Often, when you remove the hair from inside the ear, there will be a thick, dark brown waxy substance on it. It is important to remove all traces of this.
My veterinarian of over 30 years told me there are two basic thoughts on ear cleaning. The first is never get the inside of the ear wet, and the other is to wash the inside. He believes in washing the inside of the dog's ear, so that is what I do. My vet's belief is that a clean ear is a healthy ear.
Again, if you have ANY questions consult your own vet. I carefully hold my dogs head with the ear flap down and her nose pointed down, so that the water will run right out of the ear. Using my shower attachment, I gently spray warm water in the ear. I then use a very gentle soap and wash my dog's ear. I do not allow the soap to go deep in the ear, and I do not massage the soap in. I do not recommend the use of alcohol or hydrogen peroxide for cleaning the inside of the ears. Then I thoroughly rinse the ear, again making sure that the water runs out of the ear - not in. I then take a soft towel around my finger and dry the inside of the dog's ear, making sure not to jab my finger in too far. I then put a pH alkalinizing solution in the ear. I use a product called Triz-EDTA.
The next step is to put my dog on the grooming table, lying her on her side with the freshly washed ear up and ear leather back. I dry all the hair on the ear flap and the surrounding area. I now pay attention to the inside portion.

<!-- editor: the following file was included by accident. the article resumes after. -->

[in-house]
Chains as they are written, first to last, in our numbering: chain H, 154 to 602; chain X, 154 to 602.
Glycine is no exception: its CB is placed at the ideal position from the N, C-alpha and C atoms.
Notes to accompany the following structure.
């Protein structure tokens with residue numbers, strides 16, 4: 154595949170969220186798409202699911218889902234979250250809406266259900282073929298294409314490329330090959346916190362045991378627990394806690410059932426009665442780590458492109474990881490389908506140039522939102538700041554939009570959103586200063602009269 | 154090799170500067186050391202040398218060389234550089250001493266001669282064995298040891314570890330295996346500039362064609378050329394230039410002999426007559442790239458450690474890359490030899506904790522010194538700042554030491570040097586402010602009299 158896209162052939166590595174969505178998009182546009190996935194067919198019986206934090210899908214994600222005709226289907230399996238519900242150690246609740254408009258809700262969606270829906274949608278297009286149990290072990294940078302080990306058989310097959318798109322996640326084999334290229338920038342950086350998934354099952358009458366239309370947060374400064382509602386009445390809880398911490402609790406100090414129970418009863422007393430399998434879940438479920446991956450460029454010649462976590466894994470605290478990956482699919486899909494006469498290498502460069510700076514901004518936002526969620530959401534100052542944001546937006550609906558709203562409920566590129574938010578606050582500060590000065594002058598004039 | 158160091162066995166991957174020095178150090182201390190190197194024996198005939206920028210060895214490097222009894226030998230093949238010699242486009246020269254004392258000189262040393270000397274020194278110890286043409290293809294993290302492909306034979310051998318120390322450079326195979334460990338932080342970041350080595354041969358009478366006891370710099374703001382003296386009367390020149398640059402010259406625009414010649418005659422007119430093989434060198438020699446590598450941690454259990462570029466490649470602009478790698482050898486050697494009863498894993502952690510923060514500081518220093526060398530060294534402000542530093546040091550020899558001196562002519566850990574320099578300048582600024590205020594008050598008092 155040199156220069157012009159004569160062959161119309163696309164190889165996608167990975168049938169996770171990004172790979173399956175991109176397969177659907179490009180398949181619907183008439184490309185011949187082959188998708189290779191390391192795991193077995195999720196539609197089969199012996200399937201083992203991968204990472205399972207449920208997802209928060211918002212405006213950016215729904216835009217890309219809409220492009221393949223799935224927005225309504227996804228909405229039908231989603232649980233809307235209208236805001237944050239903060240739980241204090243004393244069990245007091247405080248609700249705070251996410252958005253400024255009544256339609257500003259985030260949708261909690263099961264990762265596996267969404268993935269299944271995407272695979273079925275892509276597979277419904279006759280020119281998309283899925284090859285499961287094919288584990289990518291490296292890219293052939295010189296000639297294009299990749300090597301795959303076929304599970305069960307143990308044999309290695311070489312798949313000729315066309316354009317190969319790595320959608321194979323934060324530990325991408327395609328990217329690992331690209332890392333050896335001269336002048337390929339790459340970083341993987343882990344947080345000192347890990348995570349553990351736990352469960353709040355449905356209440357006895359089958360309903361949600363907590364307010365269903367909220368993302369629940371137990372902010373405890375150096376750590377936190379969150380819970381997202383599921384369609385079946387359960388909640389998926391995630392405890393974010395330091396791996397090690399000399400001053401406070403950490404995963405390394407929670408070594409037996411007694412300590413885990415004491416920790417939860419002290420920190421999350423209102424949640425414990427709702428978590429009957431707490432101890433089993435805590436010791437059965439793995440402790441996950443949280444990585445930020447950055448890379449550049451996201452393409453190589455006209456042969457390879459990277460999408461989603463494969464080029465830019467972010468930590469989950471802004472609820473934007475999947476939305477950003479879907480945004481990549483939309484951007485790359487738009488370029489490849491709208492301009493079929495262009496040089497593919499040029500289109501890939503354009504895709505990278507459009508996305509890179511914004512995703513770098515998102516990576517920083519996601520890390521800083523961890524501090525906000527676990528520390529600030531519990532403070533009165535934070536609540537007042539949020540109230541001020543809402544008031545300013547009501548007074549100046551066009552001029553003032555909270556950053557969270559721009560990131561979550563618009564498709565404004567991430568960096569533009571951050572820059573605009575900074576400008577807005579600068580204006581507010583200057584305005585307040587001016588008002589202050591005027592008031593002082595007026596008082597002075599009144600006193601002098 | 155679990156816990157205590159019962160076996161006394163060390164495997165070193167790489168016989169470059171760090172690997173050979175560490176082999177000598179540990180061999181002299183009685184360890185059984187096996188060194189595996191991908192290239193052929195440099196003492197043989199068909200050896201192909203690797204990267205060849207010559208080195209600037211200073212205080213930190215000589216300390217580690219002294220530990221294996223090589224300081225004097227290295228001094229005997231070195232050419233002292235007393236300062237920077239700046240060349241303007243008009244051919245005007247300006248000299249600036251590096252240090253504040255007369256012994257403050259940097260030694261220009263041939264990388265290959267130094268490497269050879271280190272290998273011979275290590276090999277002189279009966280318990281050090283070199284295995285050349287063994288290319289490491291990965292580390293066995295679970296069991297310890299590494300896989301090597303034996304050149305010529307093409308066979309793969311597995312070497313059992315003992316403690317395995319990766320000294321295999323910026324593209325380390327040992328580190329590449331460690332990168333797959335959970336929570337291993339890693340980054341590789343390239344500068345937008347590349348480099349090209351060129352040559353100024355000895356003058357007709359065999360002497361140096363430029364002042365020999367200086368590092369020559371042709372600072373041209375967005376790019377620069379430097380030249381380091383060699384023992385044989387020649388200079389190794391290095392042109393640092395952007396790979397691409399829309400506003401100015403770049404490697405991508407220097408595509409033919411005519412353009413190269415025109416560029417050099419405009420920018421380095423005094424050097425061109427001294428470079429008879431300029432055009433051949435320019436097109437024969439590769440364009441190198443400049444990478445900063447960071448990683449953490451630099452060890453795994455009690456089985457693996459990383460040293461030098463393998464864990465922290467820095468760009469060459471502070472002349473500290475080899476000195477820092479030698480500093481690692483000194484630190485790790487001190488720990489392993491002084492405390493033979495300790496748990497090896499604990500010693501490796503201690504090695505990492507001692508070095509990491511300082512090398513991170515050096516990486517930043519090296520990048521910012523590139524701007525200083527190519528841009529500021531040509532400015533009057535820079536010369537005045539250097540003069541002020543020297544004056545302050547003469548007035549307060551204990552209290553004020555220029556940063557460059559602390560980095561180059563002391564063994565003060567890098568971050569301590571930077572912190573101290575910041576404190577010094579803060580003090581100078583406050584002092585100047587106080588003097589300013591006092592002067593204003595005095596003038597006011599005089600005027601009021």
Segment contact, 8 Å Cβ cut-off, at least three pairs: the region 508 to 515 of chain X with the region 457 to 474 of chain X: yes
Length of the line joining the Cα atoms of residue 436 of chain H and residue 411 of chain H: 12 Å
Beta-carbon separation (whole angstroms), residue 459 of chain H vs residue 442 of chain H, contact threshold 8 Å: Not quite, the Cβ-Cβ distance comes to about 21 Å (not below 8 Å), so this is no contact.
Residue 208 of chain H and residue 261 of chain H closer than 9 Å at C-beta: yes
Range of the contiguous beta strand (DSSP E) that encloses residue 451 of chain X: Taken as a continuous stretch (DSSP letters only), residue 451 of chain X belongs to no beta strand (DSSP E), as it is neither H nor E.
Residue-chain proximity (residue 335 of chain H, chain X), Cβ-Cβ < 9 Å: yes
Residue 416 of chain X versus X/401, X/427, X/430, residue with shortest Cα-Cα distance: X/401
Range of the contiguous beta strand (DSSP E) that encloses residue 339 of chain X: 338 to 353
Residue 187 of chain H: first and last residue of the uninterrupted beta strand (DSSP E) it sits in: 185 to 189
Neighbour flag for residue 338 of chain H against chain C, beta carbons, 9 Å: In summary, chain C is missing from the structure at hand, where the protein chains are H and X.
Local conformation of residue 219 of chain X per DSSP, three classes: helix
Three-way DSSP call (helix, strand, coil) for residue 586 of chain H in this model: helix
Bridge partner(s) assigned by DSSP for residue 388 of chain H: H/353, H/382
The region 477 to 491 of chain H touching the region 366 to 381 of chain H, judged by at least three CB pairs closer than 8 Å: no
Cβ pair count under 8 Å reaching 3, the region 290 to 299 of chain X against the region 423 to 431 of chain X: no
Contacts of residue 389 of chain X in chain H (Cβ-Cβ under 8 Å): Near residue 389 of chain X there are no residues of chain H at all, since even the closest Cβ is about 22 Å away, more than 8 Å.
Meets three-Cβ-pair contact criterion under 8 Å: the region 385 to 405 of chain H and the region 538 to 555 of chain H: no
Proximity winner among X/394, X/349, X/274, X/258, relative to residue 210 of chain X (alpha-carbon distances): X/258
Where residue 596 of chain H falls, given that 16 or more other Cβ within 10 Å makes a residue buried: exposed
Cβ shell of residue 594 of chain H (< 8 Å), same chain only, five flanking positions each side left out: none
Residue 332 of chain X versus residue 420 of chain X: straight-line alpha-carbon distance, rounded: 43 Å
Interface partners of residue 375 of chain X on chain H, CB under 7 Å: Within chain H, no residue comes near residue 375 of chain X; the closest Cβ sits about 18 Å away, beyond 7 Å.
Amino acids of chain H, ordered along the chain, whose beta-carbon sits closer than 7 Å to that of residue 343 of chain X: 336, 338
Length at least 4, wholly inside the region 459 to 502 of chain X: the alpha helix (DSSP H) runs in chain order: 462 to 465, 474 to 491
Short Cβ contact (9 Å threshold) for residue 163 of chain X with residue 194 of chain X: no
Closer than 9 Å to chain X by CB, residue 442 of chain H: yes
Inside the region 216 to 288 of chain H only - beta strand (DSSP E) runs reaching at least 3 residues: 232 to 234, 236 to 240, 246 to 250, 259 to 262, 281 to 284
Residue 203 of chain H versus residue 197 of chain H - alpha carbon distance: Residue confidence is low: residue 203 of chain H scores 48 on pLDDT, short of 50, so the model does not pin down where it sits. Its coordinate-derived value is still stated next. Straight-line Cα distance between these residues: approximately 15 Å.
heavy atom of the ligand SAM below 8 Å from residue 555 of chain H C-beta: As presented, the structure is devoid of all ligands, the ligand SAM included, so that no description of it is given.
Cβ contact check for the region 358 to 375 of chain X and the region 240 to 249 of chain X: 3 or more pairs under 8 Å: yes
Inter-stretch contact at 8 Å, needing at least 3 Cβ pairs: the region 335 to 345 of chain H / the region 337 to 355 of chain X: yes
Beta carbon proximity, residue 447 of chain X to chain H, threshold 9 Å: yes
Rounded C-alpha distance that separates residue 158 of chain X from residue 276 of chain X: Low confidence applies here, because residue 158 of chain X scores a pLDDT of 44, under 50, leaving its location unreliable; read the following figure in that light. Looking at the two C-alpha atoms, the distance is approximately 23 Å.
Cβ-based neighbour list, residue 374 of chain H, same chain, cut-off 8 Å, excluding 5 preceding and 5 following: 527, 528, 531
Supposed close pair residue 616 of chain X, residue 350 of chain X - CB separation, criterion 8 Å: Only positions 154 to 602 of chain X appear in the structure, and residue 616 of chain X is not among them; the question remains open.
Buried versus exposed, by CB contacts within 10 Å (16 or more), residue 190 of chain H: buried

After using a towel and a cool dryer, I make sure that the ear is dry inside. I don't use Q-Tips to do this, just my finger and a soft towel. If you do elect to use Q-Tips, make sure you only use them on the outer part, DO NOT put them into the part of the ear you can't see. You can seriously injure your dog's ear by doing so. Your dog's ear should be shiny clean and dry before you proceed.
Your OES now has clean ears. She will be delighted to get off the table and accept a healthy treat to reward her for all her good behavior while on the table!
I check my guy's ears every week when I groom them out. If I notice excessive hair, or dirt, I follow the above procedure. Prevention is the key to good ear health.
I would like to reiterate – if you notice ANYTHING suspicious about your dog's ears – take them to a vet right away. Early, proper treatment can prevent a relatively easy to deal with situation from becoming a painful, serious infection.
Your dog will have clean, healthy ears if you make her ears part of your grooming routine!
Dog Ear Anatomy
1. Vertical Canal